Your words are very helpful and soothing to me. I skimmed them the first time I read them and thought "yes, that's probably something I should think more about", but then today I was re-reading the last few pages of this thread, and the idea of having done something I thought was the right thing to do was very comforting.

2Long's post was also very helpful about the concept of "now". Because I am exhausted. And I felt a thousand things pressing on me that I "should" do, including going to check on my husband who has been being quite crabby. Instead, I am now considering what I WANT to do. How do I want to spend this moment of "now". Not how "should" I spend it.

Getting rid of unnecessary should's and shame must make life feel so much easier...

So thanks everyone.


Married 13 years
D10
D5
Re: Topic 4: "The Secret of Validation" - Building Trust [Re: ForeverHers] #100140
04/29/11 06:56 PM
04/29/11 06:56 PM
Joined: Aug 2010
Posts: 908
Northwest Washington State, US...
AlTurtle Offline OP
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AlTurtle  Offline OP
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Joined: Aug 2010
Posts: 908
Northwest Washington State, US...
Originally Posted By: ForeverHers
Originally Posted By: AlTurtle
Originally Posted By: ForeverHers
So I'm confused by the meaning behind the word "Best" as you are using it here.
I hope I am clearer now. Thanks for asking.
Thanks for attempting to answer and clarify, but I'm probably even more confused now, as I related in previous responses above.
Well, I can try. It all seems clear to me, but it has taken years of "mental gestation." I recall hearing that talking to Albert Einstein was fairly frustrating because he would hear what you were saying and simultaneously try to put your thought into his theories/understandings. Maybe your confusion is not in hearing or understanding me, but in trying to figure out how my words fit into your understanding of the world. Good luck. Take your time.

Originally Posted By: ForeverHers
Originally Posted By: AlTurtle
By the way, is this a pretty heavy topic for you?
Heavy topic? Not sure what you mean by that.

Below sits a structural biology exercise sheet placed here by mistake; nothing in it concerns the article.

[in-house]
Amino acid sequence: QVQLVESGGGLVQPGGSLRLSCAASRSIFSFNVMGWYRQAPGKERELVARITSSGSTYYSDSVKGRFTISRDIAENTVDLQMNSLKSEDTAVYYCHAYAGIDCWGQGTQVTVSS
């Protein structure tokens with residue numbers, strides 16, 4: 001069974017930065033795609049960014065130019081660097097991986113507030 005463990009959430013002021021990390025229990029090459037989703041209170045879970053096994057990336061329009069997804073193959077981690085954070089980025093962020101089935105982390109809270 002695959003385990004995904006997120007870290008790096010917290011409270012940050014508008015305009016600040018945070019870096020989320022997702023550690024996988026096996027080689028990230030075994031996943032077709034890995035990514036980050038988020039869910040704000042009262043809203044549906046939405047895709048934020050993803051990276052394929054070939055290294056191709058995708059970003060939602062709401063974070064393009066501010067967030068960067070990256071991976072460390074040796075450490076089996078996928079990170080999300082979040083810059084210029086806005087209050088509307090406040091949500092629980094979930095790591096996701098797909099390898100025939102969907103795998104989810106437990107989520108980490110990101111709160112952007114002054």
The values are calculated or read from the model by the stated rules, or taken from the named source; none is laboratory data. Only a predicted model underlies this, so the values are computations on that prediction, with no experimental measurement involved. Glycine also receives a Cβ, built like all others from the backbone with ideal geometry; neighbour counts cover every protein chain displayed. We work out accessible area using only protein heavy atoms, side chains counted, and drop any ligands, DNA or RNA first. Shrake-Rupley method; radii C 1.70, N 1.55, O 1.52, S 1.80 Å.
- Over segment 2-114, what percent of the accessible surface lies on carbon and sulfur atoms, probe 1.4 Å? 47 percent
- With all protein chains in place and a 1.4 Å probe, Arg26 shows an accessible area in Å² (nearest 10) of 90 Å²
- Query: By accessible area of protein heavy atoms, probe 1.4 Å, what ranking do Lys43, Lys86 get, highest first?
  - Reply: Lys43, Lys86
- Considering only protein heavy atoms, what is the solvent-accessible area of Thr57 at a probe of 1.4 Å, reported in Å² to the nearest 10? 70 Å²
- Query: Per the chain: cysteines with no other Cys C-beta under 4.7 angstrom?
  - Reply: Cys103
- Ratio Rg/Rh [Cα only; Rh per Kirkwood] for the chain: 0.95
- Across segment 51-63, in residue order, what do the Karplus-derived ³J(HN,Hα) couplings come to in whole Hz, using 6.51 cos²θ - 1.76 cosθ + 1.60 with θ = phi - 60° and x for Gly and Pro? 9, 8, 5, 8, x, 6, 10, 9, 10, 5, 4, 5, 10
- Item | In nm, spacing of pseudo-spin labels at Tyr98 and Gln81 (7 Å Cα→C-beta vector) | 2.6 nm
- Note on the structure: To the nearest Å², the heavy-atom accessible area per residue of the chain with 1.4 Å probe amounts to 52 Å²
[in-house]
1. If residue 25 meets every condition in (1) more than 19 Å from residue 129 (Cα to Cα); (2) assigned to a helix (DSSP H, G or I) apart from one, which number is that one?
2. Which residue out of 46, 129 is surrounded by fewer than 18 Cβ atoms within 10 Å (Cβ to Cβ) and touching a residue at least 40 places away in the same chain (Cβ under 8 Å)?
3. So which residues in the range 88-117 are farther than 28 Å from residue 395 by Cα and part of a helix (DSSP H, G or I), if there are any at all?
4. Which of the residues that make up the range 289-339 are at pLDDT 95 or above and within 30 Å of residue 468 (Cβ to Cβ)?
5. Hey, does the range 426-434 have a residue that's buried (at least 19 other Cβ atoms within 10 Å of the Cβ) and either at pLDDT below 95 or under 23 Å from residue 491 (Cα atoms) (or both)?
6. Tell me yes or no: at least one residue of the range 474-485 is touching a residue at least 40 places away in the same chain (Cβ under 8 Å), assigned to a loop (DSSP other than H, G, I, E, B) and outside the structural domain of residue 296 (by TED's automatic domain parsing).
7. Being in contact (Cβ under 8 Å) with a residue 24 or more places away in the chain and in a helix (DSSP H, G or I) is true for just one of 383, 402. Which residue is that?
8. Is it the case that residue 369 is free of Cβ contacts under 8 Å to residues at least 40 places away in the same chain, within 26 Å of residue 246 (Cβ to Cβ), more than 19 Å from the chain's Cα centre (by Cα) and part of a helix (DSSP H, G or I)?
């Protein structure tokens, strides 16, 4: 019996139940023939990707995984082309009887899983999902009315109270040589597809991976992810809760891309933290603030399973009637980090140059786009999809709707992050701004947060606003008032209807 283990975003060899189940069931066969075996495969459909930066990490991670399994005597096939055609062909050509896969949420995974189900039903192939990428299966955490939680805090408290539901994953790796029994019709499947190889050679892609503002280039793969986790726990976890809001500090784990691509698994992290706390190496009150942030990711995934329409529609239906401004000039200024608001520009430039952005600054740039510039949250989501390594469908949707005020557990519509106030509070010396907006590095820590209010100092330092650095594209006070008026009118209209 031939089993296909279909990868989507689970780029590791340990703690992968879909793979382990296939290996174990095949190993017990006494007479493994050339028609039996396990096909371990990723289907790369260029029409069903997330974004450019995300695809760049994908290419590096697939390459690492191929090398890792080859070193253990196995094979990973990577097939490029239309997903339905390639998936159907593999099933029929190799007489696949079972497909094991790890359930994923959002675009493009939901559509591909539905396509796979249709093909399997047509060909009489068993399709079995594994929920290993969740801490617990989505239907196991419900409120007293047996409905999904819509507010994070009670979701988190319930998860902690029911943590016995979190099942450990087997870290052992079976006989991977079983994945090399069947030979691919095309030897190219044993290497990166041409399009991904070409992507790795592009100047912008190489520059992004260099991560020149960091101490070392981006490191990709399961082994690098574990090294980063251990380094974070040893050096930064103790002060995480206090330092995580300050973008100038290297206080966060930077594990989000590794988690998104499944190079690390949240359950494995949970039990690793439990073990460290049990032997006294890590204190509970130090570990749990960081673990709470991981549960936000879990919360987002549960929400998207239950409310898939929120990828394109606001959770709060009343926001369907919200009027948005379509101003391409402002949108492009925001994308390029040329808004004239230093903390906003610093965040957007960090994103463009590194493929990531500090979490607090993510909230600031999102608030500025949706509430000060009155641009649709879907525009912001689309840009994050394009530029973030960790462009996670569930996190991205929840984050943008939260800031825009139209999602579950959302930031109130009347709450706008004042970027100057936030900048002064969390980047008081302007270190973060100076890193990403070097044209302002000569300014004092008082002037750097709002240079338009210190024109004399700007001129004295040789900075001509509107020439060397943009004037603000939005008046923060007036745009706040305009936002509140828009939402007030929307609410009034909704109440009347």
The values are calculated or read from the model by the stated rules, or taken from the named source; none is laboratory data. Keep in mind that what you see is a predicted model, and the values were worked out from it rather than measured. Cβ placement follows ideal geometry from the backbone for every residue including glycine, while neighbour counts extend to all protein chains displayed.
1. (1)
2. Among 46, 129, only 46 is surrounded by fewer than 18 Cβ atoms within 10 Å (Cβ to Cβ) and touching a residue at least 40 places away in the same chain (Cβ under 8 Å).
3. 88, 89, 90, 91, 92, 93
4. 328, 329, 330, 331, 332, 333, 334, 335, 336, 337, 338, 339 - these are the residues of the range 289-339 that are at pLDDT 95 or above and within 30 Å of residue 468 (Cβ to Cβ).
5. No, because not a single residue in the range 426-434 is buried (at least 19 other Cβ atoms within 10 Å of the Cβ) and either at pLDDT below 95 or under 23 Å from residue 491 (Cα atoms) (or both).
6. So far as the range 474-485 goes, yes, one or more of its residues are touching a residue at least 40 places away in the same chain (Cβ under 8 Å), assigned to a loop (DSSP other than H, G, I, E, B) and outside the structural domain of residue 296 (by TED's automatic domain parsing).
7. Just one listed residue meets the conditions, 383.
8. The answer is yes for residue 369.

By "heavy" I mean something that contains lots of perhaps emotional triggers/importance for you.

Originally Posted By: ForeverHers
Originally Posted By: AlTurtle
Did you experience an affair in a couple nearby? I have certainly seen 100s and 100s.
Yes, Al, both in couples I know and in my own marriage. Why do you ask?
Well, I ask simply to get to know you better. Whenever I think someone is pretty invested in a topic, I look toward them to connect with the "person" who has what looks like a heavy investment. My question is just a way of trying to connect.

Originally Posted By: ForeverHers
Originally Posted By: AlTurtle
As a spiritual project I took on the task of at least PreValidating each person. I think it is the act of PreValidation that leads me to refer to "his best" or "her best" or "best according to my faith" or "best according to my dad" etc. etc.

Okay, I prevalidate in "assigning" intrinsic worth to each individual, not to their actions. Is there something different that you had in mind?
Yep. I see PreValidating as an attitude, and any action that displays the attitude, that people make sense (are congruent) even before they tell you about. I do not see PreValidation as having anything to do with "intrinsic value." I focus on actions, which includes feelings and thoughts as being types of actions.

Originally Posted By: ForeverHers
If judgments are always fine, but you are supposed to keep judgments out of PreValidating and Validating someone, I am trying to figure out just what you are saying here.
You might still be trying to grasp what I am saying. I think it valuable to keep my judgments out of the process of validating someone else. And I think it very desireable to validate and PreValidate other people's judgments.